The newsletter is on hiatus until May 8 while the website is being redesigned. To hold you until then, I'm creating a few "Best of the Newsletter" recaps. Talk soon. --Krista
1.Set a goal before you create.
Asking right-brained creatives like us to spend time on objectives, business metrics, conversion rates, revenue per subscriber, etc is like asking us to write with the opposite hand - it just feels backwards.
It's not what we do, right?
I've had some clients get mad when I bring this up, because well, it just isn't fun.
But see goals actually help you know what content to create. The YouTube video you shoot if your goal is to get 1000 new subscribers is different than the vlog you shoot if you are trying to sell a new group coaching program.
Make friends with goals y'all, okay?
2. Go live sometimes! 📋
Video content can be natively recorded and uploaded within pretty much all social apps on your phone or tablet: Instagram, Facebook, Twitter, YouTube. What’s also there, but gets used far less, on those very same apps? Livestreaming. In fact, if you are like me, you have likely prayed you hit the ‘record’ button instead of the ‘go live’ button more than once, yes?
So why I am I suggesting you do this?
It scales your connection with your followers/fans/customers. When you go live, you’re unrehearsed and authentic. Yeah the lighting might not be perfect or there may be traffic noise, but, your audience will be hyped you took time out of your day to pop in and share what you’re working on or recap an event you’re attending. (And your audience can interact with you via the chat function.).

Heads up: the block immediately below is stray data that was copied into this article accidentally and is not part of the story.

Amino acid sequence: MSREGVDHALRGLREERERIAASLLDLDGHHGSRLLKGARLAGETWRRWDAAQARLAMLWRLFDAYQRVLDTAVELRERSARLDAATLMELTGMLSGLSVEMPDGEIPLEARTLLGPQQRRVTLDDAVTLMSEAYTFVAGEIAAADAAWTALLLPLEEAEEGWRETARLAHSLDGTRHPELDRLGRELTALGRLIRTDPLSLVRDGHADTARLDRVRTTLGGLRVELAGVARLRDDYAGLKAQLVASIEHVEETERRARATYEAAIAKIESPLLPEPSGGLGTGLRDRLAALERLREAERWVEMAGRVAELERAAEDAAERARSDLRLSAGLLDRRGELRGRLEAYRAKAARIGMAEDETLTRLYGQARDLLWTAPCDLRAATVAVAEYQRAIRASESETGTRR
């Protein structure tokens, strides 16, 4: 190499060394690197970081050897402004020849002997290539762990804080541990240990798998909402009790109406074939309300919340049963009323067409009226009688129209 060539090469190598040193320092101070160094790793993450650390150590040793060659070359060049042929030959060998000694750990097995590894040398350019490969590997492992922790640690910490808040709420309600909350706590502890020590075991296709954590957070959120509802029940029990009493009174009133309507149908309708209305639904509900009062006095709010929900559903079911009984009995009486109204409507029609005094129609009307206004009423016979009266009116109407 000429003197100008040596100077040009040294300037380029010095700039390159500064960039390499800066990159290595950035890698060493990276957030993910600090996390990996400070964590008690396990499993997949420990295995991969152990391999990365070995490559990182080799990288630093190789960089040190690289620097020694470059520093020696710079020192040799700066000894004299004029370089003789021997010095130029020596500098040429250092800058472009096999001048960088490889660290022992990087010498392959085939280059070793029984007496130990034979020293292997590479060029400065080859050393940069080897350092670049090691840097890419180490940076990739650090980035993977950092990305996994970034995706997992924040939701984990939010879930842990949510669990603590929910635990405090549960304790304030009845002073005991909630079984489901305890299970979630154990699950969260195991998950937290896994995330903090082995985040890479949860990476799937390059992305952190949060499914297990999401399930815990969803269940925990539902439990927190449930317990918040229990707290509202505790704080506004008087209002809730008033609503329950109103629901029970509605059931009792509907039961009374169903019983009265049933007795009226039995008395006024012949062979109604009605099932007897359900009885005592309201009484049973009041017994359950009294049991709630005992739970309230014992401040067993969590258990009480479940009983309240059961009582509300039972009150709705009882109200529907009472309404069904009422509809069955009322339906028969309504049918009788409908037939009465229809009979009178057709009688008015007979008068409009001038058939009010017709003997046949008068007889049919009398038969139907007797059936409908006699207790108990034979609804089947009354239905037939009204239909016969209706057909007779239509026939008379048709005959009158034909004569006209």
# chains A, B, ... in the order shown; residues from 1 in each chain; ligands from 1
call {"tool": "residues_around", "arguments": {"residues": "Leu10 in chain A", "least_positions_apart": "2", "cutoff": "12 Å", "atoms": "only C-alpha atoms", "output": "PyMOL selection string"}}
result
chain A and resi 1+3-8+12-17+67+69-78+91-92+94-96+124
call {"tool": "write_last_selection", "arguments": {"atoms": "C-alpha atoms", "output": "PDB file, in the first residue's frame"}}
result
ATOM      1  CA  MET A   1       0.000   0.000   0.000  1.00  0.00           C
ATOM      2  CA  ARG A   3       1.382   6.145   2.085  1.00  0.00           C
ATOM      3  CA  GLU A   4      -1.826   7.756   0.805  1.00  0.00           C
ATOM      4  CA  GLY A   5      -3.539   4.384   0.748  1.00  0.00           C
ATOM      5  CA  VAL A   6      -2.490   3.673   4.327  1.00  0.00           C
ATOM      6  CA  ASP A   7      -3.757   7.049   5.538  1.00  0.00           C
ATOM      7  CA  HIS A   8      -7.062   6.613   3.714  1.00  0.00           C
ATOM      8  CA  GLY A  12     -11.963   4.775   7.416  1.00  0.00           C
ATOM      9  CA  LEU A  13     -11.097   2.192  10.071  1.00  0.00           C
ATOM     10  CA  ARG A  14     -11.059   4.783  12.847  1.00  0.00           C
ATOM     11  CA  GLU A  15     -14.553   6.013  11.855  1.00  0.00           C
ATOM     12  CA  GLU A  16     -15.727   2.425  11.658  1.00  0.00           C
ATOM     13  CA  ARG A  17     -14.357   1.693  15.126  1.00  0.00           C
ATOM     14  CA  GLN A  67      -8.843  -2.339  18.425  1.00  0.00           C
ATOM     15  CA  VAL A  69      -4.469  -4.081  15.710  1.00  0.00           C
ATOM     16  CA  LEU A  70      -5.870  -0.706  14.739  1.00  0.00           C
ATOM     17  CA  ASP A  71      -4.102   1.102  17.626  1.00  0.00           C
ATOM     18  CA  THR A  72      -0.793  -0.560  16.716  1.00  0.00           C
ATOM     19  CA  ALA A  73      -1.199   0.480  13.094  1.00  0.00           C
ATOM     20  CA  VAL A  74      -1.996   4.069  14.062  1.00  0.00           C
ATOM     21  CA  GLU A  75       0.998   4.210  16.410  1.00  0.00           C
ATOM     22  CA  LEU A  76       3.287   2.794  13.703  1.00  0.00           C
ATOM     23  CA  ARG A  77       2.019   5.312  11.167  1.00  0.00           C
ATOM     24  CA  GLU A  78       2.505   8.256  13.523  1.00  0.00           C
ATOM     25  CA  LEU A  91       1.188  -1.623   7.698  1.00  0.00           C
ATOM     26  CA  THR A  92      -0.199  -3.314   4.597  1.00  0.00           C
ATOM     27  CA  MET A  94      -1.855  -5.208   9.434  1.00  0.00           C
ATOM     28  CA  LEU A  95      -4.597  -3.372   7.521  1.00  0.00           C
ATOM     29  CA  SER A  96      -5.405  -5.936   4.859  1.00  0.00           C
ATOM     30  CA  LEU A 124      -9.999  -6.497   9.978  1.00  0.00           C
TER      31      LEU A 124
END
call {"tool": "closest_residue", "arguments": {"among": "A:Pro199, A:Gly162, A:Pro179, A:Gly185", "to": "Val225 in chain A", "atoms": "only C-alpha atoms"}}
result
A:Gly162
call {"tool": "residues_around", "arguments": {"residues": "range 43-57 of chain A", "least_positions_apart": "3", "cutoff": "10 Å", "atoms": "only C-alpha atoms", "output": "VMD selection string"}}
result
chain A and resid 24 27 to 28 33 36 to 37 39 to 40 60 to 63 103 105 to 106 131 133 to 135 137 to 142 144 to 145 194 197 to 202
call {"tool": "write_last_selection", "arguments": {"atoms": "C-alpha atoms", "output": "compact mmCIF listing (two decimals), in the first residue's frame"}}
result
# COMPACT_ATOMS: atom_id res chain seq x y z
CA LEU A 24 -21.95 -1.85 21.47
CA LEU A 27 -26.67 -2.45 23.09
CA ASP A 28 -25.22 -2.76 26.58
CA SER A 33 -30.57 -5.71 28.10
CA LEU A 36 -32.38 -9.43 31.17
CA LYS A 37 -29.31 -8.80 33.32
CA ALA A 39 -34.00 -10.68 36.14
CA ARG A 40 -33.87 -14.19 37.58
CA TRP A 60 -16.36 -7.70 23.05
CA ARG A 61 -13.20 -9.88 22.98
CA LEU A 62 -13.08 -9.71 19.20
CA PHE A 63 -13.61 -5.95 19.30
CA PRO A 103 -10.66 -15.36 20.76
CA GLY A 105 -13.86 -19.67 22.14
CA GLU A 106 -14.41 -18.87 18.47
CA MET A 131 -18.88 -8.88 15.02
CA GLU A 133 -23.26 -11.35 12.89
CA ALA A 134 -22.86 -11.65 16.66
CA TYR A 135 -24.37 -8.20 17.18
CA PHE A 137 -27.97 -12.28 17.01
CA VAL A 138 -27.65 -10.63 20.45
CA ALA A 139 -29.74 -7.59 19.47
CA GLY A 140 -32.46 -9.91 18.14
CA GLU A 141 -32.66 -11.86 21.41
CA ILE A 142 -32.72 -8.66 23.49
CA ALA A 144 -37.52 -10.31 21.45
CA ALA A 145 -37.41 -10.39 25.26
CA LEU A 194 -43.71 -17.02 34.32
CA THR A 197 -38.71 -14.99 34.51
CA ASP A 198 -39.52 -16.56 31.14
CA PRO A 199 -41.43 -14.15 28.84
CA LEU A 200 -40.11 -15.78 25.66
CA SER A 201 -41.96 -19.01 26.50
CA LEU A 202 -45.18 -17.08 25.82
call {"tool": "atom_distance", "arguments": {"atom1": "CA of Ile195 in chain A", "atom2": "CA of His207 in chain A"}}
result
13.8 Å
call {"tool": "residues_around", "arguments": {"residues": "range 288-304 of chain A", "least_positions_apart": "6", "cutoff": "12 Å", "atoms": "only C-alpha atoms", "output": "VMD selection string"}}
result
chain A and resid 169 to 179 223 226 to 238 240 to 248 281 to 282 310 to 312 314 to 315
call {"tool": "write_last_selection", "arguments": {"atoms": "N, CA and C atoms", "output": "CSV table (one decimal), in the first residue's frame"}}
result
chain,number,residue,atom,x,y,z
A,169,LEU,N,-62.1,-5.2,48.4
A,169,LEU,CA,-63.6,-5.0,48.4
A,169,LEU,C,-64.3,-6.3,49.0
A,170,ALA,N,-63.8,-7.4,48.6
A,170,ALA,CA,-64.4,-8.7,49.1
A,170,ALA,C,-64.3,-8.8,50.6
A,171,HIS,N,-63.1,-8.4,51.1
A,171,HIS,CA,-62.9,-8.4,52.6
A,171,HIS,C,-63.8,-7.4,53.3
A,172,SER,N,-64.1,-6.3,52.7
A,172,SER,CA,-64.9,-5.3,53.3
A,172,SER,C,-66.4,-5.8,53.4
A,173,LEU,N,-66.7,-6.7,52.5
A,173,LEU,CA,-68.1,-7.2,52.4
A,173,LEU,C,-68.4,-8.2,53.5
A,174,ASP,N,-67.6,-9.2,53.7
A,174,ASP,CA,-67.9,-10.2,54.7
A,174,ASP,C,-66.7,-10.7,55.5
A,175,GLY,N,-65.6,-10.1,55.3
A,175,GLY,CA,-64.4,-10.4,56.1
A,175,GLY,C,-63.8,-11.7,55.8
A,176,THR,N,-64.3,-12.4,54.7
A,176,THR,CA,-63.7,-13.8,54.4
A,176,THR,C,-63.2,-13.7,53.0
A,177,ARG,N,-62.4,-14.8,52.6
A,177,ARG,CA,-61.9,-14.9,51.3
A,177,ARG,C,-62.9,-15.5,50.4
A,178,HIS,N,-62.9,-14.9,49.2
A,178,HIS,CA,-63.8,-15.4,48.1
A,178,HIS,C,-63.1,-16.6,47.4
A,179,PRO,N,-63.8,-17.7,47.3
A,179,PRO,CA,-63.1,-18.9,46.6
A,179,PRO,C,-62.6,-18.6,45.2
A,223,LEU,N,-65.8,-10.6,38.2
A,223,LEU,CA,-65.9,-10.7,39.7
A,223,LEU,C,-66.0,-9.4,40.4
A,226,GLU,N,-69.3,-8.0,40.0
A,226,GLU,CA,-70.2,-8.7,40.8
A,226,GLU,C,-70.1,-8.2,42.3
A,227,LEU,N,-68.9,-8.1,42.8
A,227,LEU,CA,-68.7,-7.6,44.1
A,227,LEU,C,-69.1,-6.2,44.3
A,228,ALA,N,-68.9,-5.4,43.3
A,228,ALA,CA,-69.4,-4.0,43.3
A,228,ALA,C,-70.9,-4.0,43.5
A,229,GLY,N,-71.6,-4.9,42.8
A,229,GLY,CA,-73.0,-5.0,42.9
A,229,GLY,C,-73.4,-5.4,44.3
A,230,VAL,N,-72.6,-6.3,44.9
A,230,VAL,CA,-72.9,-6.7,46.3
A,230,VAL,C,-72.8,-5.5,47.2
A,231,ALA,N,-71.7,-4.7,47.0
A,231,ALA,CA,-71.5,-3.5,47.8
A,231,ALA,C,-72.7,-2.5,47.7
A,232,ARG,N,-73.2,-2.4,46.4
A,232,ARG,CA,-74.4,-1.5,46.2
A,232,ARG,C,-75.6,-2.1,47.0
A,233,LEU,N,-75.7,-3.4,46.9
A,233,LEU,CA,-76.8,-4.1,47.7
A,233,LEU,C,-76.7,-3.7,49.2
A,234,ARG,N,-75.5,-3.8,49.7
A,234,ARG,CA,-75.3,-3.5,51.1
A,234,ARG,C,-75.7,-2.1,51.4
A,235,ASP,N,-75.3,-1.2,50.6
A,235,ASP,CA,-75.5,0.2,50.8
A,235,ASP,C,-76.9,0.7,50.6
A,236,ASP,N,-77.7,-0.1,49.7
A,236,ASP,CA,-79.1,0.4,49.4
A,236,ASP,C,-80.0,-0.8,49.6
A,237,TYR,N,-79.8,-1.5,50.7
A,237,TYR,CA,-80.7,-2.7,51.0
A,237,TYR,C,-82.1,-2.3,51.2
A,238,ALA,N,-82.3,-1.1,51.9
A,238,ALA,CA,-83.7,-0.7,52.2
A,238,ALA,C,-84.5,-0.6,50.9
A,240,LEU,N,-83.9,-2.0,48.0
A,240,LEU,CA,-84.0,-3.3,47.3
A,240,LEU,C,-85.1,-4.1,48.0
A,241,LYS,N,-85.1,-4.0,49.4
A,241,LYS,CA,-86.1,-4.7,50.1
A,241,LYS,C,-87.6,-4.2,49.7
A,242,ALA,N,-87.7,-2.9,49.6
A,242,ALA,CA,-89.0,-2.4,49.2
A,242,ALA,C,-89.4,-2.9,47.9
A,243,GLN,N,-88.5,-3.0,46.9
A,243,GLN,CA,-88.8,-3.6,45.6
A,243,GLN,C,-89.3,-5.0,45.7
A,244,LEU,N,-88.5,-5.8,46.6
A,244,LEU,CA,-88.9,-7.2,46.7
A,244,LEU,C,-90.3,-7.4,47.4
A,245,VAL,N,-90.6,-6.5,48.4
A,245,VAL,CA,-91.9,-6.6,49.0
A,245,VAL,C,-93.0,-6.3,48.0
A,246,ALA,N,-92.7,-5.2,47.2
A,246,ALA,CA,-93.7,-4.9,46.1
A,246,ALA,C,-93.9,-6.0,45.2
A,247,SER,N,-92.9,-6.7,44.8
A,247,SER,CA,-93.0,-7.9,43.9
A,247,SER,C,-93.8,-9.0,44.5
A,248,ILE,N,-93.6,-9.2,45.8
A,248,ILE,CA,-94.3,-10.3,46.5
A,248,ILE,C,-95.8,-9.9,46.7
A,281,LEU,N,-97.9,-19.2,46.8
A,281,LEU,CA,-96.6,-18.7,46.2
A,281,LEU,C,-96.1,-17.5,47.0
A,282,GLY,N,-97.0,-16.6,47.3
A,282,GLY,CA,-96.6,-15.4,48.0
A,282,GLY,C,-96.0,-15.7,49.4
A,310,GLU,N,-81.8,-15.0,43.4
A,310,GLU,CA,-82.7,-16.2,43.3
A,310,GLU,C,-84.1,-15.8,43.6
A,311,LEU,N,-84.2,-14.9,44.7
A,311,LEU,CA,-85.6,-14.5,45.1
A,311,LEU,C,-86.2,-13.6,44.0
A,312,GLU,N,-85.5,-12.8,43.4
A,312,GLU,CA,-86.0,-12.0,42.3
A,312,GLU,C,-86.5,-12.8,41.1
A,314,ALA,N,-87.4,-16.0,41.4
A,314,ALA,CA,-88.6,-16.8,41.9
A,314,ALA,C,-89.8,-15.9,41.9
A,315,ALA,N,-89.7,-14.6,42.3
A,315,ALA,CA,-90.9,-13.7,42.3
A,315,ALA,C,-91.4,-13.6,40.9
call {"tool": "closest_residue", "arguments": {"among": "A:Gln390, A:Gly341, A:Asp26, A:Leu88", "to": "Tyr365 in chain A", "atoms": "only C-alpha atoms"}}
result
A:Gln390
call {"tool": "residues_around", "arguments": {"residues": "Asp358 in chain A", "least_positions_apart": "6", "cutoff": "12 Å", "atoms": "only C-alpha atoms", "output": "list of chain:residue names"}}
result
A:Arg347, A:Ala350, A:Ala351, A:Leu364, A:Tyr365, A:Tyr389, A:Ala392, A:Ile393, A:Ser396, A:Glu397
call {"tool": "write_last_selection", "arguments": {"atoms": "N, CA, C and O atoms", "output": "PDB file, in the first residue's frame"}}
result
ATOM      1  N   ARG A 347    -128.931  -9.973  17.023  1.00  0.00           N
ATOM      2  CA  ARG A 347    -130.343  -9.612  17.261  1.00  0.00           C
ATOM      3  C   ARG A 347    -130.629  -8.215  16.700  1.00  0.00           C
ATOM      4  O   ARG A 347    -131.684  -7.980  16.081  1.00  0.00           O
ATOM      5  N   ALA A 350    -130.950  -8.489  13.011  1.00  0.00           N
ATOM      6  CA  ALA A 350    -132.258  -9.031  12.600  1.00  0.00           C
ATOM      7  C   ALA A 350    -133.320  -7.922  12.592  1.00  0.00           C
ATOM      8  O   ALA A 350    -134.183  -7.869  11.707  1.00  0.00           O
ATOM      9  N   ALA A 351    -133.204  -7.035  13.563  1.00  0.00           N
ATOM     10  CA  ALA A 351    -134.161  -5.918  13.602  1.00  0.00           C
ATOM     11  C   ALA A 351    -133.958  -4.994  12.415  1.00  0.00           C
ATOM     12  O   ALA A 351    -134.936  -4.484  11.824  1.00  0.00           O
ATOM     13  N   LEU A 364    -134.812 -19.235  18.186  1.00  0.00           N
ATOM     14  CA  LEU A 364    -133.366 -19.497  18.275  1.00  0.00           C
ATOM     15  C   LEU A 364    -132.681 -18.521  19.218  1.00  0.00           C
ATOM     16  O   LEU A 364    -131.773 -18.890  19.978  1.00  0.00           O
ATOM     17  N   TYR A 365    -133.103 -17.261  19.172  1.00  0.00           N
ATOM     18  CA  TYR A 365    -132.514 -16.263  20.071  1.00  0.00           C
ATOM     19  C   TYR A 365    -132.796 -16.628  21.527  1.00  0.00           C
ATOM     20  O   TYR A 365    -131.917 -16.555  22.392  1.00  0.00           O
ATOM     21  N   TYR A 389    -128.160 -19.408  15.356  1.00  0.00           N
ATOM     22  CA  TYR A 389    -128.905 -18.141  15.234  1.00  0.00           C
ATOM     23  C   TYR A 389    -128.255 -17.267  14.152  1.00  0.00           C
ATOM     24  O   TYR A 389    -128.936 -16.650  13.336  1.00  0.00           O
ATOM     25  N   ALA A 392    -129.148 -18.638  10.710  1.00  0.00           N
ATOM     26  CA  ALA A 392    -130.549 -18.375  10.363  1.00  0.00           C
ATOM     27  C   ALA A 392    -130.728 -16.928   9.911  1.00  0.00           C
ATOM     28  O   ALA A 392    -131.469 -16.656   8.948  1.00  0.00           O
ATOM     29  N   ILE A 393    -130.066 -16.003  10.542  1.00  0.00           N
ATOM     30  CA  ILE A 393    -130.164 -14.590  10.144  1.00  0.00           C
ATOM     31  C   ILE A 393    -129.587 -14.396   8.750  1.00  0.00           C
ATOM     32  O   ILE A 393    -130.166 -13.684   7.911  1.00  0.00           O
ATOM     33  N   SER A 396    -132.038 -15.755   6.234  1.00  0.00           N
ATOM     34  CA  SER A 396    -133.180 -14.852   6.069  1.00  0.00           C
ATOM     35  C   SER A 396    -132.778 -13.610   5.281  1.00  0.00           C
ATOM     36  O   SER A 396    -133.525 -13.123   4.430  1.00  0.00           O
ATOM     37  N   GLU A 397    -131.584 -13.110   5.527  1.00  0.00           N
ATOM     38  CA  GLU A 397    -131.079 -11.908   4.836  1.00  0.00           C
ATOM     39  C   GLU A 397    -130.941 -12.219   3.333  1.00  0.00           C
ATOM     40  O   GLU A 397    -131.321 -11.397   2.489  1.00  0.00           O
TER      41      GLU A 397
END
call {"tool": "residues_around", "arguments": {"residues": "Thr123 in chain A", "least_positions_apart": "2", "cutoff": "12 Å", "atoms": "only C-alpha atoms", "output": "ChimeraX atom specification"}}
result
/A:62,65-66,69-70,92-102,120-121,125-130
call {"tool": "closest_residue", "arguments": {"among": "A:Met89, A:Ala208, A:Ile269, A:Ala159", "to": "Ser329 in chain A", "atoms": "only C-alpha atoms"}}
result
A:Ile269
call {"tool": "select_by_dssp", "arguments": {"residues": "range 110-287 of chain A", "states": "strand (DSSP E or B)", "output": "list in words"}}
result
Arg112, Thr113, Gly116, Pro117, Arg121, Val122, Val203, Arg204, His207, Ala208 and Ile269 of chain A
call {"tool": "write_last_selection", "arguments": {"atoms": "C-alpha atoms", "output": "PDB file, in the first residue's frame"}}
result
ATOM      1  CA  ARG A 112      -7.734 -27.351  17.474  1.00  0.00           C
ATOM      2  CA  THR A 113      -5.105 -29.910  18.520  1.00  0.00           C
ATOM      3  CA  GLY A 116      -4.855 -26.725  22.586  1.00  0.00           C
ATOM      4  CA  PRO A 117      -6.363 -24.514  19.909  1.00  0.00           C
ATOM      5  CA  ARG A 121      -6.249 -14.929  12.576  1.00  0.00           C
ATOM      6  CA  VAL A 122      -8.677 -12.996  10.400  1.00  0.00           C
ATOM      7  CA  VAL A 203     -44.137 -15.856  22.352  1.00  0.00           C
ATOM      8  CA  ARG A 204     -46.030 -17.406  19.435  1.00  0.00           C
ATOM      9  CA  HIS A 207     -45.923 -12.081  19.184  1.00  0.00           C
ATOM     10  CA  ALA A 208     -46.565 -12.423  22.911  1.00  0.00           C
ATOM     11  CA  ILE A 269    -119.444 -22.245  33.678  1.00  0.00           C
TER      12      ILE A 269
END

So why not try it this week? Answer a tweet with a video. Go live on Instagram or your Facebook page. I did it this for the giveaway I ran in January. Check it out here.
3. What are your target customer's pain points?
If you offer any kind of training or teaching content, it is critical that you understand your ideal customer’s pain points and then solve them with your content.
Skip this step at your own risk.
This came up in a conversation with a friend who was frustrated he couldn’t get his customers to see the value of his software education program. He shared all the available modules, costs, 4K video, and so on, but still got crickets. So, I asked him one question: “What is important to your customer? What pain points do they have that your solution solves?” Instantly he started to shift his mindset to solving his customer’s problems instead of selling his solution.
I know, for some of us, this isn’t the creative, fun part of content, but if you do it, it will help your views, likes, and subscribers grow.